Experiential Learning and Screen Media: a Study of the Shanghai Expo
As branding exercises, but also as platforms where new technological and scientific inventions are introduced and cross-cultural exchange is promoted, world fairs share into the ethos of both the museum and the theme park. Screen media have become increasingly instrumental for the pursuit of all these objectives. Adorno famously said of Benjamin’s Arcades project that it was located at the crossroads of magic and positivism, a spot he termed ‘bewitched’. The very same can be said of world fairs, and it is screen media that are relied upon to do the enchanting.
The world expo that was recently held in Shanghai (1 May to 31 October 2010) with a theme of sustainable urban development was hugely successful in that it attracted 73 million visitors to some 250 pavilions of various regions, countries, cities and transnational corporations. Nearly all pavilions drew from screen media to various extents, from smaller screens with looped clips providing factual information on the country or an object on display, to fully-fledged, massive Imax theatres with innovative designs seeking to provide an immersive experience.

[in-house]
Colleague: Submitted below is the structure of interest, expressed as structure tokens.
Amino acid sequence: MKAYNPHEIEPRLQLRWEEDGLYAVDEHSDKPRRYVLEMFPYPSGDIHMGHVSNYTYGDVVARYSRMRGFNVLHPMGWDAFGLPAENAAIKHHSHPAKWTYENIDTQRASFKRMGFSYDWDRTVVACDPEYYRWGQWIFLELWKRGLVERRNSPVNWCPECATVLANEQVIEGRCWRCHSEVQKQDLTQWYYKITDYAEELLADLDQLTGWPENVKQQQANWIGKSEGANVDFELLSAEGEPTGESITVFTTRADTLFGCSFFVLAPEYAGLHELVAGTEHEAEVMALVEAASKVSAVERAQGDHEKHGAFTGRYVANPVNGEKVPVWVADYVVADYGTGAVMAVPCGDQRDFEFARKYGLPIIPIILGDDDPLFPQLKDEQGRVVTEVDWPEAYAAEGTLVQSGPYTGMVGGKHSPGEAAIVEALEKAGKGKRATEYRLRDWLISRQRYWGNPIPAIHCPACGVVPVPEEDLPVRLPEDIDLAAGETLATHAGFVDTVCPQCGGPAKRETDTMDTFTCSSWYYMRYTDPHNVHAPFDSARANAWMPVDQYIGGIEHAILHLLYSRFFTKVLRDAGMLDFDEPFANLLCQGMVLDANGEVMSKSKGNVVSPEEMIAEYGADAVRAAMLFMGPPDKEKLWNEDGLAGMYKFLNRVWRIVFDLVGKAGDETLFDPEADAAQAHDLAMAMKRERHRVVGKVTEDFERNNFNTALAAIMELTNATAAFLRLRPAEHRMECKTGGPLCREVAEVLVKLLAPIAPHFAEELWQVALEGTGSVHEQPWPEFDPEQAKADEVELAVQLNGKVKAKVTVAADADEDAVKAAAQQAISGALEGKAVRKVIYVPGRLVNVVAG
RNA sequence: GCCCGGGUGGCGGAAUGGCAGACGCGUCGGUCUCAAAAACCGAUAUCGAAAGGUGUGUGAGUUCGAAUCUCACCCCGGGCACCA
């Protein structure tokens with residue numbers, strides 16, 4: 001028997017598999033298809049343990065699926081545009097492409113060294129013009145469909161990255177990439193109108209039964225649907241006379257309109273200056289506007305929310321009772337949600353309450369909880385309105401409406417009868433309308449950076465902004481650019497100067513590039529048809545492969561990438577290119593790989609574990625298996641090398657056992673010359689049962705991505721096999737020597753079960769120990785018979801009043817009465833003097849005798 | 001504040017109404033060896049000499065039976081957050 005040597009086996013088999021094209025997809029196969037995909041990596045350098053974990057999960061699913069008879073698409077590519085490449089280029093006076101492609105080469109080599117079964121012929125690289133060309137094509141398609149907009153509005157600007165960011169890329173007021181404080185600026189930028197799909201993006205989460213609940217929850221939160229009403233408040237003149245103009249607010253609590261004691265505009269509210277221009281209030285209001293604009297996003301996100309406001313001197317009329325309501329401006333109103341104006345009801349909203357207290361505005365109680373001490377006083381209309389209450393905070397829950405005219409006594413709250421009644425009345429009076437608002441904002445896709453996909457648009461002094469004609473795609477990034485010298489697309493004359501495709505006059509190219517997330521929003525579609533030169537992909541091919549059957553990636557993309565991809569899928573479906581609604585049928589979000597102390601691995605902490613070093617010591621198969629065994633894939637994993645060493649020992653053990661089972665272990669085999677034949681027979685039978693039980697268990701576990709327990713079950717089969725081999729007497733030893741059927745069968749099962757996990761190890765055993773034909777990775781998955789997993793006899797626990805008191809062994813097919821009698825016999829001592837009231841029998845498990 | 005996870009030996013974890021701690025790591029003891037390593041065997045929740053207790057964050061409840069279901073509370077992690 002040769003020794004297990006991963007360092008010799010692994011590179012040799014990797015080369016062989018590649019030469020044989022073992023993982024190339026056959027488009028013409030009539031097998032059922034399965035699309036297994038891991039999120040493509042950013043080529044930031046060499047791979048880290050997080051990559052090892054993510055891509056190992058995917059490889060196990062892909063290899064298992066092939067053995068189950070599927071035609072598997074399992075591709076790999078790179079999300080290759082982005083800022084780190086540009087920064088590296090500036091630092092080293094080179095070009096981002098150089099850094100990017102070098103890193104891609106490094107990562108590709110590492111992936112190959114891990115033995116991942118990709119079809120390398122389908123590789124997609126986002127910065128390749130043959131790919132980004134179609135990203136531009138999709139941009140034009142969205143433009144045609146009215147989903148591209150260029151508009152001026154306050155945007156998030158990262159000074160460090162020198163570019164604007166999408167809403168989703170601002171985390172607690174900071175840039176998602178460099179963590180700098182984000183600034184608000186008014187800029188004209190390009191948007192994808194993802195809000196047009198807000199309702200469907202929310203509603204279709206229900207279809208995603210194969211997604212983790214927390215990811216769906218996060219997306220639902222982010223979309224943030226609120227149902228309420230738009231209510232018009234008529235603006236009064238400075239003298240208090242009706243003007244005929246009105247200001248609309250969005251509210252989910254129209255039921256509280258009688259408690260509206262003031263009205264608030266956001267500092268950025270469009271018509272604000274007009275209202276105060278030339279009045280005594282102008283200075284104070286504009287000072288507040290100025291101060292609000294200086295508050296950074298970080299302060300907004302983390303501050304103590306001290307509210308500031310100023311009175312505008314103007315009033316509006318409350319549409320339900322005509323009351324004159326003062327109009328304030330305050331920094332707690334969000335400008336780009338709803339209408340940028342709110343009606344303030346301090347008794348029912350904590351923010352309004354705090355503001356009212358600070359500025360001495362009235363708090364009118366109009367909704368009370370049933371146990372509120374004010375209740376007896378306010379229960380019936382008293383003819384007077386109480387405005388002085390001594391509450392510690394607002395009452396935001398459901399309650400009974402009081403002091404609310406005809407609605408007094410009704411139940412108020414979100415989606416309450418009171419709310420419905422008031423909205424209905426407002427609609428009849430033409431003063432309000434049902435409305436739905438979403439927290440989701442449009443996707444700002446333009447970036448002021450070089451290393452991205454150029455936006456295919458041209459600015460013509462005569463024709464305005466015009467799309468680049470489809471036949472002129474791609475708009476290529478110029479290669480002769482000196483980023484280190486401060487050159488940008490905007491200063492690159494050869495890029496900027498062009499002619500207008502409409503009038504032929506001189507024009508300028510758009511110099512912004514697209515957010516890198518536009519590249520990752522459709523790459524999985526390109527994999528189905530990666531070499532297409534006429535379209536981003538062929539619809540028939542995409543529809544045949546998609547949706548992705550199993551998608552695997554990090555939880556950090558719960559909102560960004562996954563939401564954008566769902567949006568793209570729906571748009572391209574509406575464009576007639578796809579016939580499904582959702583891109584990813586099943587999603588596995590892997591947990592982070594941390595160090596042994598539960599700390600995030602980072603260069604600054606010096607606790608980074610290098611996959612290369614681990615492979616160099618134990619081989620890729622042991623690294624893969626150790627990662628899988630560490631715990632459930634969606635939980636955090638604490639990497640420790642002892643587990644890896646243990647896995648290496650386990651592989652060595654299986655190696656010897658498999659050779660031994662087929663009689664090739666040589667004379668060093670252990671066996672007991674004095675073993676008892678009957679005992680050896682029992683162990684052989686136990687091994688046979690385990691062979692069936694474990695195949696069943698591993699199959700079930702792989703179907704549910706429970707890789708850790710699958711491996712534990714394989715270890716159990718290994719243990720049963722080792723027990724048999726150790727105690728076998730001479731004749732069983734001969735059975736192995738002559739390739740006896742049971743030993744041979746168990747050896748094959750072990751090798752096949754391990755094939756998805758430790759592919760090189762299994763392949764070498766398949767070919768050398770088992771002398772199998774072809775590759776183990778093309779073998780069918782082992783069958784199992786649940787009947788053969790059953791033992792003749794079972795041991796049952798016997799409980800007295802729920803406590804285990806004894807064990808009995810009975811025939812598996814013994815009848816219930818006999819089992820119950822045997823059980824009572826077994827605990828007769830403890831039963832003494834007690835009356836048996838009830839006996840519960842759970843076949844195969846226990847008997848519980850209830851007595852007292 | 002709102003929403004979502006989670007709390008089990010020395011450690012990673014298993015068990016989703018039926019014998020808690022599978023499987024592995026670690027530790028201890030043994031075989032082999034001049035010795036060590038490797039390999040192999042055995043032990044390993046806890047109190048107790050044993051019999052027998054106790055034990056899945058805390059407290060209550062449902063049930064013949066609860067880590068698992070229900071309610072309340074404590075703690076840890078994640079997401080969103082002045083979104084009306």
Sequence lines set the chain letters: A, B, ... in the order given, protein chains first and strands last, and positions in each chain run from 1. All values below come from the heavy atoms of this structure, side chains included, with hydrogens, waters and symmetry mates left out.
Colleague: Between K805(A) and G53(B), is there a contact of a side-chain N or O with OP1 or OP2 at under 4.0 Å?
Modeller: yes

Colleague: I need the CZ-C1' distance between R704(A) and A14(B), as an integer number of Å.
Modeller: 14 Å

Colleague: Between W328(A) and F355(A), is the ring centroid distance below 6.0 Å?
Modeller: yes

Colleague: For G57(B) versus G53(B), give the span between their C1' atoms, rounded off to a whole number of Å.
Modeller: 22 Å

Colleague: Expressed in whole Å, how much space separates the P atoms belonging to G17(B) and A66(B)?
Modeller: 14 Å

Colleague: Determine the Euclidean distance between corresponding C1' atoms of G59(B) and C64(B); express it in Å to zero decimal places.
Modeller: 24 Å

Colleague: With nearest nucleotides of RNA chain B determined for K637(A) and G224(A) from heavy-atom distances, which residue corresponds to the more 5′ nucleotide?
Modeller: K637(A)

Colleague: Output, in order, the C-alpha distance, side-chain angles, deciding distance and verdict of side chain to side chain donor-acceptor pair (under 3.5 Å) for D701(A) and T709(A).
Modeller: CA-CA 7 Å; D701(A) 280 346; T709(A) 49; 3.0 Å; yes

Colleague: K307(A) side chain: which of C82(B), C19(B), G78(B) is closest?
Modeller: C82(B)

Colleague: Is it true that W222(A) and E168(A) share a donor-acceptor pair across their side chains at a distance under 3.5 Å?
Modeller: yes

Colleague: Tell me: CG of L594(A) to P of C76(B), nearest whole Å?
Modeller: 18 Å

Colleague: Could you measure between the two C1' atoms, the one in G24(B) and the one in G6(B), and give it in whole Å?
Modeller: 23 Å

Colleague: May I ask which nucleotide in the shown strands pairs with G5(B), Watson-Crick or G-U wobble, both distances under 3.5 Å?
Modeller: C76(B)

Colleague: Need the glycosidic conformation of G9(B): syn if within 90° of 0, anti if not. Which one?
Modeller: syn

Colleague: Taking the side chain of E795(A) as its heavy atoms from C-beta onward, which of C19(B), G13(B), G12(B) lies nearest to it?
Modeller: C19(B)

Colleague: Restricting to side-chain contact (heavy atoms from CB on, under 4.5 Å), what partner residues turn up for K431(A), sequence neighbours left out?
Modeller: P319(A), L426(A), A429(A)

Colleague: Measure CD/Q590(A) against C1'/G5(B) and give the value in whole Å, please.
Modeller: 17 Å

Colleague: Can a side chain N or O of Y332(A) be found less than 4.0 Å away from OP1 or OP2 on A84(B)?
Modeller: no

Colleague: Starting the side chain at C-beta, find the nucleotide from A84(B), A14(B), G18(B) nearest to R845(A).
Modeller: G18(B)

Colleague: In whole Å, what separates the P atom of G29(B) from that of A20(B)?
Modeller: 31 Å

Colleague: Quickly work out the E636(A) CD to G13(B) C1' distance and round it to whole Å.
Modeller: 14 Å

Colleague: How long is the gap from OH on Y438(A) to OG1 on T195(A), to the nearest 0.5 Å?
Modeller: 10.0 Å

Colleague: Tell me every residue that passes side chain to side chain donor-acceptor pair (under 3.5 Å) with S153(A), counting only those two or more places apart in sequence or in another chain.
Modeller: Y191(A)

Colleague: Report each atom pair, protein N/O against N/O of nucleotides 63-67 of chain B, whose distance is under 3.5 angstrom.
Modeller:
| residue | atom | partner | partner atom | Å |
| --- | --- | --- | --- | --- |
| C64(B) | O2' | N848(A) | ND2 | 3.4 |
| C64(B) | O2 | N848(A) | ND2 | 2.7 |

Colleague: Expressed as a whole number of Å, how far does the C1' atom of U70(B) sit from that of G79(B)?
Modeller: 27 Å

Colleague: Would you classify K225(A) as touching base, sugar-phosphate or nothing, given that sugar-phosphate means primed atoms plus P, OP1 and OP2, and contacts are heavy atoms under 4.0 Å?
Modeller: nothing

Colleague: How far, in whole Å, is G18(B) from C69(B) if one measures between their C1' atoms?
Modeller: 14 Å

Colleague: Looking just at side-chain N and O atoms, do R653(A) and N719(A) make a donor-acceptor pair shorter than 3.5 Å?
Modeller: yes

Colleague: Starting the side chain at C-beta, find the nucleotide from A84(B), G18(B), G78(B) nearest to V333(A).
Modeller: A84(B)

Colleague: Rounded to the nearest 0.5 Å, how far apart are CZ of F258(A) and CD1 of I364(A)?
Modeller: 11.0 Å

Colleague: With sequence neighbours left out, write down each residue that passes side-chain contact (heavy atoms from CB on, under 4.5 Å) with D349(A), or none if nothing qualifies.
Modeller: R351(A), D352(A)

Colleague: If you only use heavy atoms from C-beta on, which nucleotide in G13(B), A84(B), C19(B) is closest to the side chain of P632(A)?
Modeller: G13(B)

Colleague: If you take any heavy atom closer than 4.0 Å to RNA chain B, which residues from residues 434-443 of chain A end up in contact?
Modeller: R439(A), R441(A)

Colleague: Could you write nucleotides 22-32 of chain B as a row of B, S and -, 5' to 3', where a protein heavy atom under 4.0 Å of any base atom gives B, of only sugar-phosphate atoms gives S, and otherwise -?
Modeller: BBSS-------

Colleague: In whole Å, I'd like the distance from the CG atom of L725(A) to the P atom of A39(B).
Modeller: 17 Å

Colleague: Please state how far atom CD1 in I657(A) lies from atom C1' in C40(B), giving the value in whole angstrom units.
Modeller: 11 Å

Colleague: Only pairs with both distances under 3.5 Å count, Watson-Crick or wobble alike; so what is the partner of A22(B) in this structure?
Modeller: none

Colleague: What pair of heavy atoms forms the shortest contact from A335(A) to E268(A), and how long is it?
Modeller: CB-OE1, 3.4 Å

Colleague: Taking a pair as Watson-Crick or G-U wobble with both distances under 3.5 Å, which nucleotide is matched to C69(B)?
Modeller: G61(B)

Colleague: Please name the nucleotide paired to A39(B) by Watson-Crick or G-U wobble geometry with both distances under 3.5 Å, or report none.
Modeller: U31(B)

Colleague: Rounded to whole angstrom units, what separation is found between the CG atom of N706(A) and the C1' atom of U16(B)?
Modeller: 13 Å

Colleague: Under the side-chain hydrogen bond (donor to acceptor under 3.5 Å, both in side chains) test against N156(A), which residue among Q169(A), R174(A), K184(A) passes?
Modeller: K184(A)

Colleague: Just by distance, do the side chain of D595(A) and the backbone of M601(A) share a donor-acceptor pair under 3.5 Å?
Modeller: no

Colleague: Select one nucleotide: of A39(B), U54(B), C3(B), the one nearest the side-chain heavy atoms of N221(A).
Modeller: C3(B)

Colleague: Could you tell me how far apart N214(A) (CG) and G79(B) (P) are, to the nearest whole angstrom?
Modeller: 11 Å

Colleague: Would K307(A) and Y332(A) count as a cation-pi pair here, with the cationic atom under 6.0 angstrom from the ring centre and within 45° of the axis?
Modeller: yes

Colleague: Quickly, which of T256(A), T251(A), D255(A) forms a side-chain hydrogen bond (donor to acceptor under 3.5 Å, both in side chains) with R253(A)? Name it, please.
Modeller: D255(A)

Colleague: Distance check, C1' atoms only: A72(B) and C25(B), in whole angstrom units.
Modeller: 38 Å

This paper explores the different ways in which some of the most emblematic national pavilions, namely those of Belgium, Saudi Arabia and China, employed screen media for cultural heritage conservation, exhibition and dissemination purposes. The paper seeks to compare the ways that screen technology was integrated into their various interpretation threads to enable experiential learning, while also pondering upon the repercussions of the focus on audiovisual spectacle on how cultural heritage is defined and shaped.